• Keep User Data Secure. – Statutes like the Graham-Leach-Bliley Act, the Fair Credit Reporting Act, and the Federal Trade Commission Act may require you to provide reasonable security for sensitive information.

The Mintz privacy lawyers can help provide counsel and review of policies and procedures to help you “get it right from the start.”


North American marketers take note:  Canada is set to finalize one of the toughest anti-spam laws in the world.   Canada had fallen behind when it came to introducing anti-spam legislation, but it is now making up for lost time.  Ottawa’s new Bill C-28— known as “CASL” and expected to be finalized early in 2013 — has severe fines for violations and is viewed by many as too tough.

In a nutshell, CASL requires a business to obtain express or implied consent from the recipient before it sends out commercial electronic messages.  CASL is not limited to email; consent must be given for any electronic message, which could also include messages sent via social media, text messaging, instant messaging, sound or video.

It applies to all messages sent from, or received in, Canada, which means American firms marketing in Canada fall under its jurisdiction. A recent study found 60 per cent of American marketing executives were completely unaware of the new law.

Individuals who breach the law can face penalties of up to $1 million, while corporations are liable for as much as $10 million. Officers and directors may also be held liable if they participated in, or acquiesced to the breaches. The act also creates a private right of action for CASL violators, paving the way for potential anti-spam class actions, with remedies capped at $1 million per day.

The Canadian law is more stringent than its U.S. counterpart, 2003’s CAN-SPAM Act, meaning most U.S. firms will not be compliant when CASL comes into force. CAN-SPAM allows companies to send messages unless consumers opt-out with an unsubscribe mechanism. CASL reverses the onus, requiring recipients to opt-in by consenting up front.

Our friends at Canadian law firm Blakes have put up an excellent microsite resource containing a wealth of information on CASL.



The FTC has again provided us with a road map to compliance through the Myspace consent order.   Here are the takeaways that should concern every company with an online presence.

Keeping the FTC Out of Your Space — The Takeaways

Much can be learned from how the FTC has evaluated the adequacy of Myspace’s privacy policy when compared to its actual day-to-day procedures. The most important thing to take away from the FTC Order and its allegations in the complaint is that companies must practice what they promise. Superficially complying with your privacy policy will not pass the FTC’s strict standards when it comes to accurate and adequate privacy policy disclosure. Companies must evaluate how their current practices may even indirectly provide customer PII to third parties and violate the company’s privacy policy. The following are a few important steps you should take to keep the FTC out of your space:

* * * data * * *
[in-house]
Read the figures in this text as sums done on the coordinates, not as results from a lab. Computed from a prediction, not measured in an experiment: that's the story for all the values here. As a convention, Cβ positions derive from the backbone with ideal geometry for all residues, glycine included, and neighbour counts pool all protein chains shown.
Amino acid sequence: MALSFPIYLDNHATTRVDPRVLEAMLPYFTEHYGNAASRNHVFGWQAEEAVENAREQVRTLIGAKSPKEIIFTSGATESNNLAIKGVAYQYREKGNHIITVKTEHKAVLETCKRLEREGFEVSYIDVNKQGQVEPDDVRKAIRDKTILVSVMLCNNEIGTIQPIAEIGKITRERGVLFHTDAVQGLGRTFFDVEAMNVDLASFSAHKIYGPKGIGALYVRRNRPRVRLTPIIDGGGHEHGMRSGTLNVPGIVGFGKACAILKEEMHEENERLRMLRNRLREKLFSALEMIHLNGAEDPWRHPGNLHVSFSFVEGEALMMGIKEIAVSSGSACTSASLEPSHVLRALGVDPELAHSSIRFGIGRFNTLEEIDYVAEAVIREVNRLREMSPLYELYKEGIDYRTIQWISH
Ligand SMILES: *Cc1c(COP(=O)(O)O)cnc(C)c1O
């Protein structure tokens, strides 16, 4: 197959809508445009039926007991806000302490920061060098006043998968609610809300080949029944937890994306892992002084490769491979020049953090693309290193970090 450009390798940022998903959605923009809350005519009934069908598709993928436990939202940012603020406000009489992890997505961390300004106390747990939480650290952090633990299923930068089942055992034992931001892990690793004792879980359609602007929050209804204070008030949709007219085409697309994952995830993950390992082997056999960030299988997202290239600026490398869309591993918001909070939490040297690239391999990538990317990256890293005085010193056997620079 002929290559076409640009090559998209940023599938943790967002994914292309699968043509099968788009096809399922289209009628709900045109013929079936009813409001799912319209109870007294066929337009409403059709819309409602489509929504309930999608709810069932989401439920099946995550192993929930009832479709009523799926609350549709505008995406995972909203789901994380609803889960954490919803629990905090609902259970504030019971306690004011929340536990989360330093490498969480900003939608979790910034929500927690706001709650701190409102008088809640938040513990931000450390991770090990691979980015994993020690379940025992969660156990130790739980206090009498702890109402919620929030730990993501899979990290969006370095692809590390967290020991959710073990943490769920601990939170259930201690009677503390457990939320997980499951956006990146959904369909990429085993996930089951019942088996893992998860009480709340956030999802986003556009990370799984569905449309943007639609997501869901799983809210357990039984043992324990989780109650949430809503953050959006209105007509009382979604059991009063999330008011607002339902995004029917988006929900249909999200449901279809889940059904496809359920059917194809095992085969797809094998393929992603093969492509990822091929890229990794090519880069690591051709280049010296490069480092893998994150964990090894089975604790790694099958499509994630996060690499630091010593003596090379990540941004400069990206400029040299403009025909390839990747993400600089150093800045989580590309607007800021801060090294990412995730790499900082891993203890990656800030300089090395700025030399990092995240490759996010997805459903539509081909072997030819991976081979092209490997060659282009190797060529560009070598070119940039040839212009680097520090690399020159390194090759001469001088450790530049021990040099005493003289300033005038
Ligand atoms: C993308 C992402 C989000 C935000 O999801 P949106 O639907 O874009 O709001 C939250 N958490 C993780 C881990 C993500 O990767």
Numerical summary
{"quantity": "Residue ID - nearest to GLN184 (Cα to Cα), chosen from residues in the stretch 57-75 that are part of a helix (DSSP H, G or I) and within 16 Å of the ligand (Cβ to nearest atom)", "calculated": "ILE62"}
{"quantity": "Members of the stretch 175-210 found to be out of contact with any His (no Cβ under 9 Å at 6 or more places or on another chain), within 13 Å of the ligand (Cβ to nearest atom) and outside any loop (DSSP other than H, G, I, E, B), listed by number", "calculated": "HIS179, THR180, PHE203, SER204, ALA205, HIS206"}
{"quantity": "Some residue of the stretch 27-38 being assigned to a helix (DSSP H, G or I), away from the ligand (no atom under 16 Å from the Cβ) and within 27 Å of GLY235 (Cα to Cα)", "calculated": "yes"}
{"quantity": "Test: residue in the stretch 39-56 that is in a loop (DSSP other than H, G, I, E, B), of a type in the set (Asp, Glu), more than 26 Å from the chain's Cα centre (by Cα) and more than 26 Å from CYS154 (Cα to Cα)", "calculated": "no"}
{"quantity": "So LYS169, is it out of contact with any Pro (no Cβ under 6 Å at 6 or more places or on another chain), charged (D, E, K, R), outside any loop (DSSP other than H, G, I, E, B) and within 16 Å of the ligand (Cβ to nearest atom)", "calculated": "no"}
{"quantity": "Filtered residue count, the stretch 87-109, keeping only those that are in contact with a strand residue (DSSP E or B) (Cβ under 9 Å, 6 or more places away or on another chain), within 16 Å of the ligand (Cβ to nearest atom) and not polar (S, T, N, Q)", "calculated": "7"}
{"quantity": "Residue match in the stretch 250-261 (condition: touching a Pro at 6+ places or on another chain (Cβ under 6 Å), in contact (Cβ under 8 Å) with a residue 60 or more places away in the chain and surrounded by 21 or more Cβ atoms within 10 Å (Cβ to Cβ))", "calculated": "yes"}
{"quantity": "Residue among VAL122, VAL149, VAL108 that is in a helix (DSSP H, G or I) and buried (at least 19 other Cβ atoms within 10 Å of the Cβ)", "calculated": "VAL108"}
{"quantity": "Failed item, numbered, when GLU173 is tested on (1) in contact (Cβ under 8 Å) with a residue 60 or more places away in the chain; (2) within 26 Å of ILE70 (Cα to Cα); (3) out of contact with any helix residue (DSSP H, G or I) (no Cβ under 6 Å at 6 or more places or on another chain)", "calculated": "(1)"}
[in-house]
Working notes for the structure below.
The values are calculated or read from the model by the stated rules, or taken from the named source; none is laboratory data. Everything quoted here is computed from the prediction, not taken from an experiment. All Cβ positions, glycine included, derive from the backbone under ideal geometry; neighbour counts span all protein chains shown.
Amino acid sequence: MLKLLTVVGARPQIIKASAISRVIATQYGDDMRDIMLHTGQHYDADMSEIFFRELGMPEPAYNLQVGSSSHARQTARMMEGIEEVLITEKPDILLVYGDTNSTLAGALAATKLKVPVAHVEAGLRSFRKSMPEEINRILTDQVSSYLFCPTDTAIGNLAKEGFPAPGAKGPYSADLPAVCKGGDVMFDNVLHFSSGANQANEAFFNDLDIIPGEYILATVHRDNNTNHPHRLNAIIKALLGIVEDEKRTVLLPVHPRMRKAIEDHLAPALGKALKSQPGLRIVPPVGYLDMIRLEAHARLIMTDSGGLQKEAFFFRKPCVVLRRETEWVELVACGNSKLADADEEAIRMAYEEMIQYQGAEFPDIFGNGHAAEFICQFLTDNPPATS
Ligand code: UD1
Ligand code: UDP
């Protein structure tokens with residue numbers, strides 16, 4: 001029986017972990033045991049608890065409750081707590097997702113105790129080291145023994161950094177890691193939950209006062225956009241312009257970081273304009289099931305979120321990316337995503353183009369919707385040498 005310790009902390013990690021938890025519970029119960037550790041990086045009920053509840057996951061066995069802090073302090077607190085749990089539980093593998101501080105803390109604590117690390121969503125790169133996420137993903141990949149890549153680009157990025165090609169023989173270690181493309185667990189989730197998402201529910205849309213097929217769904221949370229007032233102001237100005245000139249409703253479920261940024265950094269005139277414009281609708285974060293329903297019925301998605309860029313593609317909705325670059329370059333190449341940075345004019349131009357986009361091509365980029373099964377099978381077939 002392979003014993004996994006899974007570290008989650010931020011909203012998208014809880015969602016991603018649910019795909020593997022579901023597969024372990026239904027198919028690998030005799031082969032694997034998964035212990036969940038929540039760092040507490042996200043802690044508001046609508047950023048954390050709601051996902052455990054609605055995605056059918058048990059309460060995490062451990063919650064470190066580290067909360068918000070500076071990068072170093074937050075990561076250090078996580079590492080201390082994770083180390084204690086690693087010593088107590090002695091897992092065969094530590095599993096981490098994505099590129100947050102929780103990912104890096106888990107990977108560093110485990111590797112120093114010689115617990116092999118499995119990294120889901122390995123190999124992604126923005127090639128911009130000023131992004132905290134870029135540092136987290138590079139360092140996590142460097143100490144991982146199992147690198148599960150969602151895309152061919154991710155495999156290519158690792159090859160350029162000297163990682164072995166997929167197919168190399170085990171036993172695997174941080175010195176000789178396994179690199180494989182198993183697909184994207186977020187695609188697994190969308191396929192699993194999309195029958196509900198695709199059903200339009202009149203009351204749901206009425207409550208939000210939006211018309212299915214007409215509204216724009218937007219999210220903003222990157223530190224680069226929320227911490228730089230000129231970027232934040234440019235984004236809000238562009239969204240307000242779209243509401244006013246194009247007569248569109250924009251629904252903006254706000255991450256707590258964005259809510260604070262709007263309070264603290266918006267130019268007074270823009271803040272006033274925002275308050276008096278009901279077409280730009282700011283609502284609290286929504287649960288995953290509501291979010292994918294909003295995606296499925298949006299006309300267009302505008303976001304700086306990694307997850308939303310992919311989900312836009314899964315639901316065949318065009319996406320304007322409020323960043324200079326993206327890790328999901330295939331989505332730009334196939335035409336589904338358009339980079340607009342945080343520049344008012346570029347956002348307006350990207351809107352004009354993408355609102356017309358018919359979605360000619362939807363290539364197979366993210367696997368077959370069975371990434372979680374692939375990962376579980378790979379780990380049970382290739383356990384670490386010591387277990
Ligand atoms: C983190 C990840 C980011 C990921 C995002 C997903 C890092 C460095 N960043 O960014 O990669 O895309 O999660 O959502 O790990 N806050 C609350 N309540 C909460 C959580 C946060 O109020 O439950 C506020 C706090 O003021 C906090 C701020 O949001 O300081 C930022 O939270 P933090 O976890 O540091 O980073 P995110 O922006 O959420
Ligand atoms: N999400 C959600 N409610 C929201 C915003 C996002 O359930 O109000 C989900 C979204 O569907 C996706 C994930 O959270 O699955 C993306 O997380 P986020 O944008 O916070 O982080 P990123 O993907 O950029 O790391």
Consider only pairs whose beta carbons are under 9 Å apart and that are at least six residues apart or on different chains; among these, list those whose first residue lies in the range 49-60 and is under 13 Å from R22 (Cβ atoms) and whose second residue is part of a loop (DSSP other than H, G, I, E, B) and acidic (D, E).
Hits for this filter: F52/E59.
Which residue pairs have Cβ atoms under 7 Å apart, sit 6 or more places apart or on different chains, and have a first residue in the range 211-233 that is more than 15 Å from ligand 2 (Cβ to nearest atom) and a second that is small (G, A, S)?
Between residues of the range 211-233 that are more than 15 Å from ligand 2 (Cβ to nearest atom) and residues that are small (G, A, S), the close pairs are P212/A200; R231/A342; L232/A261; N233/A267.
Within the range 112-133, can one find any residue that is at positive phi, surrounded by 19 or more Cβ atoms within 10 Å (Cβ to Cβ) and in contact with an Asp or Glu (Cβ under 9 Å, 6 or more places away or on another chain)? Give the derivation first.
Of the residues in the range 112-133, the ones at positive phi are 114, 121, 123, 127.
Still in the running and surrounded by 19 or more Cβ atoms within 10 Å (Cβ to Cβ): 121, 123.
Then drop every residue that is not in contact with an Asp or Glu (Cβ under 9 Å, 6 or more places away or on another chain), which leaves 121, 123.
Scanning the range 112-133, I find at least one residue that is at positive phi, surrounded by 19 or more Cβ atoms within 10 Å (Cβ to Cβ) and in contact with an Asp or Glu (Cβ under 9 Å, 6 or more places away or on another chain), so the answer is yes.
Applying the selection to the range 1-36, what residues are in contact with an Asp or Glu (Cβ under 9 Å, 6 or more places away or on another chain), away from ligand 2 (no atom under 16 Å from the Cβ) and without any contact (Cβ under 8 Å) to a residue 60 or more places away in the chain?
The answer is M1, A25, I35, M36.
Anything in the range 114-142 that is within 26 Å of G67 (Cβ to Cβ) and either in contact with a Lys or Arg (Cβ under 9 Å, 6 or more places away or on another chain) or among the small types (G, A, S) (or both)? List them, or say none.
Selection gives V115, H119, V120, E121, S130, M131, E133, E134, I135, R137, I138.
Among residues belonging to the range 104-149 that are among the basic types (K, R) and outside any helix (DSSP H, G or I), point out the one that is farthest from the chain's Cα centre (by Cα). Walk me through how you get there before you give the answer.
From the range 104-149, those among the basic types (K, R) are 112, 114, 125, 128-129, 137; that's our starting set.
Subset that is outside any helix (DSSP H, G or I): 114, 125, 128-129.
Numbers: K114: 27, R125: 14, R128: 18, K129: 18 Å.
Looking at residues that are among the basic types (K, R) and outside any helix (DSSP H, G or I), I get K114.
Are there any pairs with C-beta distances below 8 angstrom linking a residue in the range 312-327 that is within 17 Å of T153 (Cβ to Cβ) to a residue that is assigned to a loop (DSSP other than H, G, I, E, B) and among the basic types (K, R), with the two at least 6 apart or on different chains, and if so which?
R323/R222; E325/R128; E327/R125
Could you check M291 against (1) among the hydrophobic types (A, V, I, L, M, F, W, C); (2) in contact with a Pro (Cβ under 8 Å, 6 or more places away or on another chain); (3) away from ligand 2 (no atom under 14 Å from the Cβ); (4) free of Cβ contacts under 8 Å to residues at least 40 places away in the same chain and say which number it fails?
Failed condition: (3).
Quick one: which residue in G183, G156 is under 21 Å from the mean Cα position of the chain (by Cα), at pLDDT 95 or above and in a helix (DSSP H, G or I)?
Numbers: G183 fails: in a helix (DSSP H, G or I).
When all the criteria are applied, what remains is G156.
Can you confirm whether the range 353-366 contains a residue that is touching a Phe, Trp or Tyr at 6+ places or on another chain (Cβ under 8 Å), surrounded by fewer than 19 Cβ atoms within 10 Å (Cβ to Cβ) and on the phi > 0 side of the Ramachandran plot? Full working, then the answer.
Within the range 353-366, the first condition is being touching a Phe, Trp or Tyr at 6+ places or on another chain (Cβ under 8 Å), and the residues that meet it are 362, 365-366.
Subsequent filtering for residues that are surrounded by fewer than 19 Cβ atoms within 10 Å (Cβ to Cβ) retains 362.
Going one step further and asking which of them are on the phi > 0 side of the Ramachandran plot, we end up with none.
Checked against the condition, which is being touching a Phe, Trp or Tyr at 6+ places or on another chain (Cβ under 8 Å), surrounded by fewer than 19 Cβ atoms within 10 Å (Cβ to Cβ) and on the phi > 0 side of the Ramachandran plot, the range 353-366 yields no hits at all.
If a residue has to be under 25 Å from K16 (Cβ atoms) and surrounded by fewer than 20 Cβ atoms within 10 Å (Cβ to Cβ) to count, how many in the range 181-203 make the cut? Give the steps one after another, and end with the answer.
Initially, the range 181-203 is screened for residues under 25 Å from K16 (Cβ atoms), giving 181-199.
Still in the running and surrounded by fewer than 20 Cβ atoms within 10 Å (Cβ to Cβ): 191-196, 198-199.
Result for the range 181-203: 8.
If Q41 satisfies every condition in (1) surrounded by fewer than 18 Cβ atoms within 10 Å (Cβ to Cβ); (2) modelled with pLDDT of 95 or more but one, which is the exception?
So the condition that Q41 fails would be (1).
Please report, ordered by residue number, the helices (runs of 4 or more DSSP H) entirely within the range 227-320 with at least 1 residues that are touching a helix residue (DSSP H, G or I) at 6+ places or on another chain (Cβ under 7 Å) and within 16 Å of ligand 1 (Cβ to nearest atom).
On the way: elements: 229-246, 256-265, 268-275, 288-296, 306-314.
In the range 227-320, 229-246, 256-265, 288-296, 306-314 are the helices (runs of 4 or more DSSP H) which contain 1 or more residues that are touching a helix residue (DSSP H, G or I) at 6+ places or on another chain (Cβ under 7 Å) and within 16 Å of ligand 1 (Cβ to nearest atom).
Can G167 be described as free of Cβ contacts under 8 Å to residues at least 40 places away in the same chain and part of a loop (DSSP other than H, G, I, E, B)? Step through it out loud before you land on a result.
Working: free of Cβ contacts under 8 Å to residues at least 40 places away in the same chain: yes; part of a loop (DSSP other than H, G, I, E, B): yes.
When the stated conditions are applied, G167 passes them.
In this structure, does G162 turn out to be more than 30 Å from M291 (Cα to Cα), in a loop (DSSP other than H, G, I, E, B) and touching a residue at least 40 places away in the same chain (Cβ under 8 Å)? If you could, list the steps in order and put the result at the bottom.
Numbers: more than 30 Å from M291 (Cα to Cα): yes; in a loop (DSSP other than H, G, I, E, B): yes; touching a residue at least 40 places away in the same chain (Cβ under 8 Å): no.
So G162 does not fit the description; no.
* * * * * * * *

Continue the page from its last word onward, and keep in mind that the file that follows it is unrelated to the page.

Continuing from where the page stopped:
Review your privacy policy, and then review it again. When is the last time that your company undertook a review of its privacy policy and data collection activities? Two years ago? Longer? No idea? Although this seems obvious, many companies fail to continually update and review their privacy policies to ensure that they are still complying with the terms they have established. You should particularly focus on what you have promised your customers or users with regard to what PII you will disclose to third parties, and how you will disclose it. Then look at your actual practices with regard to how you manage and disclose customer PII to third parties and make sure you truly practice what you promise. If your privacy policy states that you comply with the U.S.-E.U. Safe Harbor Framework ensure that your data use and collection practices comply with all seven of the Safe Harbor Privacy Principles: Notice, Choice, Onward Transfer (transfer to third parties), Access, Security, Data Integrity, and Enforcement. You cannot pick and choose and still be Safe Harbor-compliant.

Don’t Let Default Be Your Fault. Much of the FTC’s complaint focused on Myspace’s default settings which displayed a user’s full name on their profile page. When advertisers obtained the FriendID from Myspace, they were almost certainly then given access to the user’s full name because of the default setting. You should examine your default settings to ensure that your users are not disclosing PII to third parties unless they have expressly agreed to do so, and unless it is absolutely necessary. Ensuring that you maintain a high level of privacy protection under your default settings may prevent third parties from indirectly accessing users’ PII. Default settings should be reviewed each time that new functionality is added, technical solutions or plug-ins are changed, and at least annually.

Indirect Access Can Still Mean Direct Liability. Aside from understanding the direct implications of how you share customer information with third parties, you should perform your own assessment regarding how third parties could use the limited information that you provide them as a stepping stone to greater access to customer PII. As Myspace now knows, the FTC will closely scrutinize even the indirect implications of how you handle customer PII compared to what you promise customers in your privacy policy.